Re: Avatar (2009)
Steven, love your critique. However, this time I thought that I’d chime in response to this review. Not necessarily to complain but add to the discussion.
A slight disturbance set over me after watching Avatar. There is a whole lot more going backstage here. This is better articulated in Ross Douthat’s New York Times column “Heaven and Nature.”
The cultural impact is grave. The medium of cinema provides a wider platform and this subtle propagation of new-age thinking just romanticizes it further. I see two extreme points of today’s thinking facing head-on, scientism versus pantheism. With latter winning the battle (the rest of the trilogy should portray who wins the final war). There is little or no room for Christianity. And this brings a whole new range of problems.
I see pessimism and hopelessness of atheism in regards to the bleak future of humanity. Transhuman thought and initiatives being one of them. The final scene has the protagonist give up his body for the another. And this demonstration works! Not sure what, how or who makes this decision, but I see problems with this. Being a work of fiction, the specifics are rathery muddy, but I see signs of anti-life propaganda; euthanasia? eugenics? I might be reading extra but what’s up with this “man” chosen for another species?
I would quibble with only one word: Douthat calls Avatar Cameron’s “apologetic” for “the Gospel According to James.” I’ve worked as an apologist as well as a film critic. I would agree that The Da Vinci Code is an apologetic for what I’ve called the Dan Brown Worldview (which Douthat describes so ably in the column linked above). I would call Million Dollar Baby an apologetic for euthanasia, and Brokeback Mountain an apologetic for ending patriarchal heteronormativity.
I wouldn’t call Avatar an apologetic, though, any more than Star Wars or The Matrix were apologetics. Avatar expresses and embodies Hollywood’s hippy-dippy, West-bashing, New Age, tree-hugging milieu on a mythic level; it is not a defense of that worldview. I think it will resonate with people who embrace that worldview; I doubt whether it will actually affect the worldviews of many people. Many people watching and reading The Da Vinci Code are likely to believe that Brown has actually done his homework and offers a construal of history that is actually reliable or at least plausible in significant part; few people watching Avatar are likely to accept that anything in Avatar is particularly plausible.
Unlike Star Wars and The Matrix, Avatar doesn’t strike me as a film likely to burrow deep into the collective consciousness. It’s too generic, too shallow, too vague. As my friend Jeff Overstreet pointed out, kids growing up with this movie are not likely to care about Jake Sully and Neytiri the way my generation cared about Luke, Han and Leia, or the way a younger generation cared about Neo, Trinity and Morpheus. There are self-proclaimed “Jedis” today who make “the Force” an actual religion; I don’t see a lot of people declaring themselves “Na’vi” or getting passionate about “Eywa.” (In fact, I wouldn’t be surprised if the majority of people who see this film even two or three times wouldn’t be able to tell you afterward who “Eywa” was even if you supplied the name.)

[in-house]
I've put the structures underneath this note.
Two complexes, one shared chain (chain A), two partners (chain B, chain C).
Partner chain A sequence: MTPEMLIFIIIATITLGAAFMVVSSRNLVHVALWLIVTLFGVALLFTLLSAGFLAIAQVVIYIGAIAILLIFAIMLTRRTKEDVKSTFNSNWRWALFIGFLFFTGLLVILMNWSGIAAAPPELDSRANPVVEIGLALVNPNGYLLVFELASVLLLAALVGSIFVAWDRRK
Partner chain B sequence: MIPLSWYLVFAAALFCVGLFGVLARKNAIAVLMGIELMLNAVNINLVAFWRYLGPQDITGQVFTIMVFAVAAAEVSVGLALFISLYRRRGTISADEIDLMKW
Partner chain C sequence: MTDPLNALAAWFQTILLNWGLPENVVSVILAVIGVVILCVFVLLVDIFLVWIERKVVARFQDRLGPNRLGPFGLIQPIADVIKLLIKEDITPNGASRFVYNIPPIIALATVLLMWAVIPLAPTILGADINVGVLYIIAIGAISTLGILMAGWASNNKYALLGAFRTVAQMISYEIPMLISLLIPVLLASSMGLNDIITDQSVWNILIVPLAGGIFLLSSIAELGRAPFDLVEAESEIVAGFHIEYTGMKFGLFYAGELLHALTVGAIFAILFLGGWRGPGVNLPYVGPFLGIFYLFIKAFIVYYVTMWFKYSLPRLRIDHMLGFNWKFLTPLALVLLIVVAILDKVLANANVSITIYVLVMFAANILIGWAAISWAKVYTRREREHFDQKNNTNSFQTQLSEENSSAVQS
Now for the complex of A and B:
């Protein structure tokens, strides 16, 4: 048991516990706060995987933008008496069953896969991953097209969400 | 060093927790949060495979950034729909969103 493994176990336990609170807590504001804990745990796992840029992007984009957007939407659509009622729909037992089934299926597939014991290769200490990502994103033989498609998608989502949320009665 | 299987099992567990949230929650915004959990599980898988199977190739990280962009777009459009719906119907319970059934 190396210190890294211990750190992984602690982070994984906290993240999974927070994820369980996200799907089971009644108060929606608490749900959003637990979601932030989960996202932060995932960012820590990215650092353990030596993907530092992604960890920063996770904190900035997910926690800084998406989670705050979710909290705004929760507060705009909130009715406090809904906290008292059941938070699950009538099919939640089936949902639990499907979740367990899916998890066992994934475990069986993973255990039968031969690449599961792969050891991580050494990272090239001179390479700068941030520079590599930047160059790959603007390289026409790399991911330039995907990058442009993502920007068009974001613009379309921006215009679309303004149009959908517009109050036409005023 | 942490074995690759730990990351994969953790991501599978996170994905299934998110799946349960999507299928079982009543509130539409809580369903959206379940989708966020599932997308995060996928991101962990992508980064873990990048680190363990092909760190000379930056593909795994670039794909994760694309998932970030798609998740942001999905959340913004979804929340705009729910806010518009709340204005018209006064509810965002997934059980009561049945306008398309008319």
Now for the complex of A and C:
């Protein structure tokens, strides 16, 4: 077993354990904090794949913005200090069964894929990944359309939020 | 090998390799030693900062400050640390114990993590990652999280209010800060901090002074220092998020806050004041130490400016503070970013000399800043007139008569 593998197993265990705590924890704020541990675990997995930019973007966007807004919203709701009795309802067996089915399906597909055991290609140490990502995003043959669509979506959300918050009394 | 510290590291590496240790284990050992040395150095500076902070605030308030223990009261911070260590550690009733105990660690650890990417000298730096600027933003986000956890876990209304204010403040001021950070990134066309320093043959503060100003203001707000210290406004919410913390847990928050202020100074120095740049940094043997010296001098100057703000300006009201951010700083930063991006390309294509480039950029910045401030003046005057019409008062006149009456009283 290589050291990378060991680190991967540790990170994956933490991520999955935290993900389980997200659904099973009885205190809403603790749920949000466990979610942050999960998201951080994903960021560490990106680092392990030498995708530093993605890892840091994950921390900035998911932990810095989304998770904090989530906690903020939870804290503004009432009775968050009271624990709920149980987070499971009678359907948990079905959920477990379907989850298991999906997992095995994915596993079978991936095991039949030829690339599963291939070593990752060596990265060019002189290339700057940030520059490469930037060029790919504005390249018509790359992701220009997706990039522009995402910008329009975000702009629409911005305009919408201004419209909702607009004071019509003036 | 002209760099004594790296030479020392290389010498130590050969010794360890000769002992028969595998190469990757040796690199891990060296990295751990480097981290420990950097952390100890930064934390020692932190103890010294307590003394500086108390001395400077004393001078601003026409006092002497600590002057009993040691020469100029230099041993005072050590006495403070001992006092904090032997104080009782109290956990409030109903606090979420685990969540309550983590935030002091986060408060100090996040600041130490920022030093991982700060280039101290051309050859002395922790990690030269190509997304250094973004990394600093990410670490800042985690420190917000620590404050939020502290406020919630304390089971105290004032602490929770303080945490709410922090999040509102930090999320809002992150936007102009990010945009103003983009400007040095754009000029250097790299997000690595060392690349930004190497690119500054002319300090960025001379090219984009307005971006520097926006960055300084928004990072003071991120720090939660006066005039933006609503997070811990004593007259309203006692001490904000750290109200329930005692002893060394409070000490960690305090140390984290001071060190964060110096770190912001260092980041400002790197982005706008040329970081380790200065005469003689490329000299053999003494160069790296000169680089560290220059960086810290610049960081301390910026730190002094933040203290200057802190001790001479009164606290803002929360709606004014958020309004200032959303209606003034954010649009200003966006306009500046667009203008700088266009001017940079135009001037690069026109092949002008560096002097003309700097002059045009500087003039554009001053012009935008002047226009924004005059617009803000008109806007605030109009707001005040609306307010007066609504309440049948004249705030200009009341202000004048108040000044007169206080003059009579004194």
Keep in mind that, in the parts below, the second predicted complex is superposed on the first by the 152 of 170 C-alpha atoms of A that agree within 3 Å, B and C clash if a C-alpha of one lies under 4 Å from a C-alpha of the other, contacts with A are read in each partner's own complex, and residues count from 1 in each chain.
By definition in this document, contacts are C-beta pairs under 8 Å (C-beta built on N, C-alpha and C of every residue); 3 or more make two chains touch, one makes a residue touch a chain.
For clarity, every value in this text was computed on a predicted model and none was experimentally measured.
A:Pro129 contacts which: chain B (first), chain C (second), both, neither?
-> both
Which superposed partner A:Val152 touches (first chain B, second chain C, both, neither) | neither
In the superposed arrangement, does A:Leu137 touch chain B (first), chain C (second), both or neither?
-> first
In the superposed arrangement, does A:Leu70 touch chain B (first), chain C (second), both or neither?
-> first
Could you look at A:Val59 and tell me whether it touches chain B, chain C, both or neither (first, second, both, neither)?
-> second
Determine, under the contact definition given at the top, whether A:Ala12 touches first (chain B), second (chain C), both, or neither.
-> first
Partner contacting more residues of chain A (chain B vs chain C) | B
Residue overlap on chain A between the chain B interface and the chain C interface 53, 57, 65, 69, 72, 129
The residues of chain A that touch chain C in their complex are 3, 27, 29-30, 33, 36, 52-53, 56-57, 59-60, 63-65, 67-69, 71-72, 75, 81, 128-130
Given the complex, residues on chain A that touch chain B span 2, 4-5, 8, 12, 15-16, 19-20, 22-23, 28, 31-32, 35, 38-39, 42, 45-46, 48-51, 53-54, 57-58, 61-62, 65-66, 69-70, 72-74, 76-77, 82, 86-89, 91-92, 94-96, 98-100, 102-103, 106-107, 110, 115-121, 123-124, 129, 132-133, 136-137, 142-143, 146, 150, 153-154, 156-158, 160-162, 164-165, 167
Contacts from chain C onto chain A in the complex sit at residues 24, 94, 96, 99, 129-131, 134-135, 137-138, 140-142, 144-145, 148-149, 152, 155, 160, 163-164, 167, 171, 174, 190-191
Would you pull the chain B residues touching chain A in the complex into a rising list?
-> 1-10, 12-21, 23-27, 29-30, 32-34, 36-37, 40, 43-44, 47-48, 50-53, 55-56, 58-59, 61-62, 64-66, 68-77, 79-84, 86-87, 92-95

Also, unlike The Da Vinci Code, Million Dollar Baby and Brokeback Mountain, Cameron isn’t pushing any envelopes. He is a filmmaker profoundly of his cultural moment; he speaks from and to the zeitgeist, which is not an approach particularly likely to change anything.
Perhaps if Avatar began posting box-office numbers comparable to Titanic, or if people began talking about it with the same passion that Star Wars and The Matrix have elicited, I might have to rethink my position. Yet even in the case of those films, can any of them be said to have actually advanced a particular cultural agenda? I can believe that Million Dollar Baby might actually be a factor contributing to shifting cultural attitudes toward euthanasia. Does anyone think that Titanic contributed to shifting cultural attitudes toward e.g. premarital sex?
In the end, what Cameron is really selling here is … Cameron. The big message of Avatar is not “We are all connected” or “Western culture is corrupt and has lost something that noble savages still remember,” etc. The real message of Avatar is: “I’m still the king of the world!”
A friend of mine says, “It is as silly to take this as a ‘message’ film as one of the Star Wars prequels.” I think that’s about right. Hope that helps.